Selling Smocks All Over Ghana

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By Betsy Ramser Jaime

‘My name is Ibrahim Alimyaw and I am twenty-five years of age. I belong to a family of five siblings and I am the second born to my parents. I couldn’t further my education after the basic school because I lost both my parents and life was so unbearable as my elder sister was finding it difficult to take care of us. So I decided to enter into something that can help me to take care of myself and my other siblings so I was introduced to smock sewing and weaving.’

Today, his entire business income comes from the smocks that he sells. Typically, the smocks are sold wholesale to his customers and then they are able to go and re-sell them. Ibrahim explains, ‘This helps me a lot and I have been able to train apprentices that are working with me and help me to produce or finish work on time so that customers can get smocks to purchase whenever they want to buy.’

Since joining Zidisha in 2020, Ibrahim has already raised 5 Zidisha funded loans, allowing him to continue working hard in his business, even during the present pandemic.

With his first loan in May 2020, of $27, Ibrahim hoped to purchase a smock sewing machine. He explained to his lenders that this machine would be helpful in working speedily and producing a greater number of orders on time. This would be especially helpful in producing fast, quality work for his repeat customers, allowing him to build good relationships with customers.

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After having a positive experience with his first loan, he requested a second later the same month for $46 sharing, ‘Hello lenders I appreciate your efforts for helping me with the loan I just repaid and I thank you for that. This loan will be used to buy smock materials that will help me to be able to sew more of the smocks and in quantities to be able to meet my demands of my customers that will help me to produce as many as they want and it will also help me to get profits so that I will be able to make repayment on time also. This loan will be purposely used to buy materials needed for the smock sewing.’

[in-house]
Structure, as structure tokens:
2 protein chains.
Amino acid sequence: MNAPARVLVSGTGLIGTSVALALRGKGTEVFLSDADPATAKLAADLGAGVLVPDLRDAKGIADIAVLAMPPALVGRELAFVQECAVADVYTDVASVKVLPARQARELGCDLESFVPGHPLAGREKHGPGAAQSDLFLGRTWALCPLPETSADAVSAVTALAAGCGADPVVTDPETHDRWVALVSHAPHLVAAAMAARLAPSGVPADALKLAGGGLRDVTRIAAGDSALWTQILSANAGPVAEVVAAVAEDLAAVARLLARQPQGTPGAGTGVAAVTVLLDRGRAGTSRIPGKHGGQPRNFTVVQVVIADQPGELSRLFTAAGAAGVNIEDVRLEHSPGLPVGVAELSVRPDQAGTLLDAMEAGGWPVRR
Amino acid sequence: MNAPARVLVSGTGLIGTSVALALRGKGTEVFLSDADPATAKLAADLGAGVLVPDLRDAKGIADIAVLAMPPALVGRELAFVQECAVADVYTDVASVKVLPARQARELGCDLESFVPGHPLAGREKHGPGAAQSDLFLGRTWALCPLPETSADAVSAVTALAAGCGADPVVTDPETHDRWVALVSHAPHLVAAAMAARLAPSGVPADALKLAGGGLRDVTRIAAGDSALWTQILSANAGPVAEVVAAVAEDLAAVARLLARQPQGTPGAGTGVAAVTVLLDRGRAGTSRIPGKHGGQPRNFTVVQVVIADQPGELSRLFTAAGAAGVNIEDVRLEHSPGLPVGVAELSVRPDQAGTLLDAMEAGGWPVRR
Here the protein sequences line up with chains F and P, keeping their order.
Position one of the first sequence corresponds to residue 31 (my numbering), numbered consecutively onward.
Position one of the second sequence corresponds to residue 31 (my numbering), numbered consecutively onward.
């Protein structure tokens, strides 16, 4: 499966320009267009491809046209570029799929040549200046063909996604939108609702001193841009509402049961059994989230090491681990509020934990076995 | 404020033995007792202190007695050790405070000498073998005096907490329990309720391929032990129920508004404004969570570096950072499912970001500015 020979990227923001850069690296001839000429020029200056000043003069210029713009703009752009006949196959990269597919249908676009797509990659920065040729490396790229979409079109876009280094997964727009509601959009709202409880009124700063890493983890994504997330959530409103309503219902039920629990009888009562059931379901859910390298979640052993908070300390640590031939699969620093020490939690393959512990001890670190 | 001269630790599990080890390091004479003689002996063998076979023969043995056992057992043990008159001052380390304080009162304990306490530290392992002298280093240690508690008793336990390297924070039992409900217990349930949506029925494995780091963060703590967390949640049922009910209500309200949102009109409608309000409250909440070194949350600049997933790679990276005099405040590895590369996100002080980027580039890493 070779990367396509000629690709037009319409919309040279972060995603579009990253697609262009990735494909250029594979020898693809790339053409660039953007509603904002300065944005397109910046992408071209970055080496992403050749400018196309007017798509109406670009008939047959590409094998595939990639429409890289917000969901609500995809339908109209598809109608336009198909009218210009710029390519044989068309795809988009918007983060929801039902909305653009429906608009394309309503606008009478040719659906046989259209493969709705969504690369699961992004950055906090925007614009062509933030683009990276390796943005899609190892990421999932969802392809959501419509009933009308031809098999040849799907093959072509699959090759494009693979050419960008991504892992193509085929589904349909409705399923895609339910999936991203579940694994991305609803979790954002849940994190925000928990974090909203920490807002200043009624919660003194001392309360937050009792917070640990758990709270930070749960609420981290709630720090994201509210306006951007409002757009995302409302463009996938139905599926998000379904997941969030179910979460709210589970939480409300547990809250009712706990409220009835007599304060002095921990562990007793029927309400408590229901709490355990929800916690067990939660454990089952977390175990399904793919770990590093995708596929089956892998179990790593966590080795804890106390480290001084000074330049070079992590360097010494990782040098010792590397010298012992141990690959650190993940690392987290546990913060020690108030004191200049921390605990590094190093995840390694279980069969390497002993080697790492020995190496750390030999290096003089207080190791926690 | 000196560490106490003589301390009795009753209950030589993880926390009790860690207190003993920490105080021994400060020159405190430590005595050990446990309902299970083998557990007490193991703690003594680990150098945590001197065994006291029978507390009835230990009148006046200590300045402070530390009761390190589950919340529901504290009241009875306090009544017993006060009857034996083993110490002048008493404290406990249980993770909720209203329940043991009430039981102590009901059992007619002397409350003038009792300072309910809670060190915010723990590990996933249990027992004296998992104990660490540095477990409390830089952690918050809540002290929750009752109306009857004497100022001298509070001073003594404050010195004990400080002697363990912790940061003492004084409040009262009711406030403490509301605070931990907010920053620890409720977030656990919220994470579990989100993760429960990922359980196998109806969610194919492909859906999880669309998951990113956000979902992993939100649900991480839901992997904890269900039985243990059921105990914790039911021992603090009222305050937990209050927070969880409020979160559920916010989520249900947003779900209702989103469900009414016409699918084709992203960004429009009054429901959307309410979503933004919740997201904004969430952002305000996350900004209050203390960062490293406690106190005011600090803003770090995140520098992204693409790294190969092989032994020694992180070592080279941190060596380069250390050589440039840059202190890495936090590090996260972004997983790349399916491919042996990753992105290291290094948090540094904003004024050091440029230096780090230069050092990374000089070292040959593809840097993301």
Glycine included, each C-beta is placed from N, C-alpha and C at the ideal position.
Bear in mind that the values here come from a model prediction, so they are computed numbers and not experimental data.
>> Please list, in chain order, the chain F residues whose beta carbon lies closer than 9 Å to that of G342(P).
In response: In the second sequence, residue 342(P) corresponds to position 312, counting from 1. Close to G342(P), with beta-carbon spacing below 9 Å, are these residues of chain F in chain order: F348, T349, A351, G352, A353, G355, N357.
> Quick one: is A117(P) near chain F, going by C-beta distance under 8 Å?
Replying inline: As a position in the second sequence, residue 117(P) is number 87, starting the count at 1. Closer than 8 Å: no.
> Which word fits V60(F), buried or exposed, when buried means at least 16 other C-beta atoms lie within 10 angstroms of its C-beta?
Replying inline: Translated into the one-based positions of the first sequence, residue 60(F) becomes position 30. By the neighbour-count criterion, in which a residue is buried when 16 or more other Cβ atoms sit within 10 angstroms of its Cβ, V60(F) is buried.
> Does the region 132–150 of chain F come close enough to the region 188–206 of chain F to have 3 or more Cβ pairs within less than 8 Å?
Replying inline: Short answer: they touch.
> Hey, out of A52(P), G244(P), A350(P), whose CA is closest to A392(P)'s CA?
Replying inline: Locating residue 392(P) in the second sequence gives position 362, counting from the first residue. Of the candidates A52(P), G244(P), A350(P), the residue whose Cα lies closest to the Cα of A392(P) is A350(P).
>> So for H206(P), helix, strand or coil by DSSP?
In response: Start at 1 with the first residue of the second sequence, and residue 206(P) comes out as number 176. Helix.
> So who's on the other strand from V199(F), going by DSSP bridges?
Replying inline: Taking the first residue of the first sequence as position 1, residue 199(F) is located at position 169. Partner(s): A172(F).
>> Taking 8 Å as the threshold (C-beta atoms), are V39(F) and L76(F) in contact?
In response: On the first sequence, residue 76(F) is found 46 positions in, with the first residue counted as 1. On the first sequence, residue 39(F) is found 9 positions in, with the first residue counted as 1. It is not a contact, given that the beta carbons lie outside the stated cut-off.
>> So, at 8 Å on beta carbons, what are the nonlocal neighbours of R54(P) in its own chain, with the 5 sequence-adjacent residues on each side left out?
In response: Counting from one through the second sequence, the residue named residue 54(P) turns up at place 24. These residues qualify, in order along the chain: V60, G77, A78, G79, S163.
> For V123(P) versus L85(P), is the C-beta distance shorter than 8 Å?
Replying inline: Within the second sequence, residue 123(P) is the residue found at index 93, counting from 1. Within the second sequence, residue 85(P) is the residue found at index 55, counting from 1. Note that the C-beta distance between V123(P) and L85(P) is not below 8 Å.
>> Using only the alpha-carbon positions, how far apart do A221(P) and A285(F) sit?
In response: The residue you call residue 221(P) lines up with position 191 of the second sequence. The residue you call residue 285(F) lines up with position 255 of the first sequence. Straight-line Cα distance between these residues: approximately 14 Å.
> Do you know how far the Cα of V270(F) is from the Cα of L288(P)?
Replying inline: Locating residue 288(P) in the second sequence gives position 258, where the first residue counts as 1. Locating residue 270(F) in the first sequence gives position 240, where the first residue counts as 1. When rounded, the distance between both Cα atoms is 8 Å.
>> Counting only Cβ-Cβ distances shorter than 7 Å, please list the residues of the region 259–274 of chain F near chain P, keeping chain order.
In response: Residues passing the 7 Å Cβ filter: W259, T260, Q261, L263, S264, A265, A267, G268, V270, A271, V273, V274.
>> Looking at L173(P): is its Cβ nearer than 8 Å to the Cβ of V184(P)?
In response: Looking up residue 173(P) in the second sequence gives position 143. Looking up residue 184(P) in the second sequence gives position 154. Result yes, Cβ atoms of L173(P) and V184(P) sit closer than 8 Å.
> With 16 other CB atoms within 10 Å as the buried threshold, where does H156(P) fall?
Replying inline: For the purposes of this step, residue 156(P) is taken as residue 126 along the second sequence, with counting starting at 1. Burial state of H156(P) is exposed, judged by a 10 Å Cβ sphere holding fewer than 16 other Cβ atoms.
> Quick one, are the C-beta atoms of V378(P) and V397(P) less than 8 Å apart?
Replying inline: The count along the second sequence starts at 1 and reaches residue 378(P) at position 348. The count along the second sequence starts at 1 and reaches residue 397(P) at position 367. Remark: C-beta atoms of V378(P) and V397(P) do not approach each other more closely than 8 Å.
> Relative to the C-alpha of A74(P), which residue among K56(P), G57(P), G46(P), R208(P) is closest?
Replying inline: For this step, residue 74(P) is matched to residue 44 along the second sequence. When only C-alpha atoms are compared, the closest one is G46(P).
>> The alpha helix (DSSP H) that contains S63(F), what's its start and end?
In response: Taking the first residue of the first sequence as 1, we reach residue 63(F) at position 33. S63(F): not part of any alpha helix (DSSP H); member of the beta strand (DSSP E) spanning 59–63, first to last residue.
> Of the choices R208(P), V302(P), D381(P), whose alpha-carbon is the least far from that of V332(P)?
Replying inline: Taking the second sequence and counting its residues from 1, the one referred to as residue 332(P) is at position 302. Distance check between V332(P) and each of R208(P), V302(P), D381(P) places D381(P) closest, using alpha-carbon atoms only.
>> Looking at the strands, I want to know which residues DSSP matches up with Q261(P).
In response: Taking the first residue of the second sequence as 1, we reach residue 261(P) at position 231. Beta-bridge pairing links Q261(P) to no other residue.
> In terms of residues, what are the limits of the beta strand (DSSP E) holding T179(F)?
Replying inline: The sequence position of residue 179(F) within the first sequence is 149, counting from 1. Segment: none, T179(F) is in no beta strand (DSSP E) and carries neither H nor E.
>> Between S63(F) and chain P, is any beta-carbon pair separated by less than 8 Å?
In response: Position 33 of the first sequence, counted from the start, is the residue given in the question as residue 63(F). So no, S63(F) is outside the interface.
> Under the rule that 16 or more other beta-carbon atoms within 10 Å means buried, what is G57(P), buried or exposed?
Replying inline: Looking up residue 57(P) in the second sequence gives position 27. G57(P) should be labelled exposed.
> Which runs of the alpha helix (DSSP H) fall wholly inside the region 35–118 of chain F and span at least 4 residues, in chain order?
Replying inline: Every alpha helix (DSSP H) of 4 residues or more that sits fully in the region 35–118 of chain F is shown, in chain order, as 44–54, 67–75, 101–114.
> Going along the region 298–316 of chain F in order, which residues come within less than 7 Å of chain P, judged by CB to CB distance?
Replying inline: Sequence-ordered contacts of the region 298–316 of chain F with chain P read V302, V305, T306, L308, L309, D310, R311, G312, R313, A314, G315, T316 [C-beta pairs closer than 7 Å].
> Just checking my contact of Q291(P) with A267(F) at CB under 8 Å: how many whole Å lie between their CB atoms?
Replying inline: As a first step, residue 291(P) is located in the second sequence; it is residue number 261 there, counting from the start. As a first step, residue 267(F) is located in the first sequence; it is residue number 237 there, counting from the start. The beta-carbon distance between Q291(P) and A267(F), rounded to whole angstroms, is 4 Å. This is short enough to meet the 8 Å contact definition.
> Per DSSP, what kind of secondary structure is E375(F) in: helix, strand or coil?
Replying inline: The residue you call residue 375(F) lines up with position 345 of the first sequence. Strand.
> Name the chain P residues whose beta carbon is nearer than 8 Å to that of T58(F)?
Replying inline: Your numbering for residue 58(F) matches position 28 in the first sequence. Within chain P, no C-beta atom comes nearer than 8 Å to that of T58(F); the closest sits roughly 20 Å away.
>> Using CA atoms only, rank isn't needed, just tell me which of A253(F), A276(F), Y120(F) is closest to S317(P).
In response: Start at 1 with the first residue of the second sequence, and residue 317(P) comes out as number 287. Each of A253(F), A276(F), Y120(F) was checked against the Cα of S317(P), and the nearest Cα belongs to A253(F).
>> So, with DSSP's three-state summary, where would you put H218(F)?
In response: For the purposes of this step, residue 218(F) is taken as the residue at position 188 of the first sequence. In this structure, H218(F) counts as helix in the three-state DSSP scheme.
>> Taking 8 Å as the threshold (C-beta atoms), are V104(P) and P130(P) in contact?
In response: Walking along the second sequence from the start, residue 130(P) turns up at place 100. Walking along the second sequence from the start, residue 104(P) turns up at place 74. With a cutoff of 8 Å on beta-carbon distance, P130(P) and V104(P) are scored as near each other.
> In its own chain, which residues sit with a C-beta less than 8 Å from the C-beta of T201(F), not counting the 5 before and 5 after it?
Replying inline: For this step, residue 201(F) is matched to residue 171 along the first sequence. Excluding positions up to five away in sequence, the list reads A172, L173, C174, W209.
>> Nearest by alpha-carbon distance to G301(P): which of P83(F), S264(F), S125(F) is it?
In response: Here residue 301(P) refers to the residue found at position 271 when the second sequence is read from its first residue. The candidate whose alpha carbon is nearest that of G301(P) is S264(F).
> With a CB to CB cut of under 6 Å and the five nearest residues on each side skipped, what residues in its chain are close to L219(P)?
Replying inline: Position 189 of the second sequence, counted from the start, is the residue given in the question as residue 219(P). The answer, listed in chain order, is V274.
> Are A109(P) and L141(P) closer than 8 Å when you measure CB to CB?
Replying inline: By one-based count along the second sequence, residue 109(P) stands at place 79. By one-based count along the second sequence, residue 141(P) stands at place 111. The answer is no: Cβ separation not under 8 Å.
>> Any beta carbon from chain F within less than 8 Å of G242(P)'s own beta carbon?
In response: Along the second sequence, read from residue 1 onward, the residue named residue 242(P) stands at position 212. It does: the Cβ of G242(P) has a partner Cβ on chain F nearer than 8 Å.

In May, Ibrahim was able to share with lenders that his home country of Ghana was not on lockdown because of Covid-19 allowing him and his workers to continue operating at their normal levels.

By June, ready to continue growing his business, Ibrahim successfully raised two more loans, for $135 and $378, enabling him to buy larger numbers of smock sewing materials, and of course, also allowing him to increase his sales and profits.

Recently on June 19, he shared this humbling update on his discussion page as he wrote, ‘I am most humble and appreciate you, my good lenders, for your support. This loan will go a long way in helping me to buy more of the materials needed for my smocks sewing and weaving. Thank you so much for your support.’

Would you like to empower a hustling entrepreneur like Ibrahim? Make sure to head on over to our Browse Projects page to read about other successful Zidisha business owners around the world.




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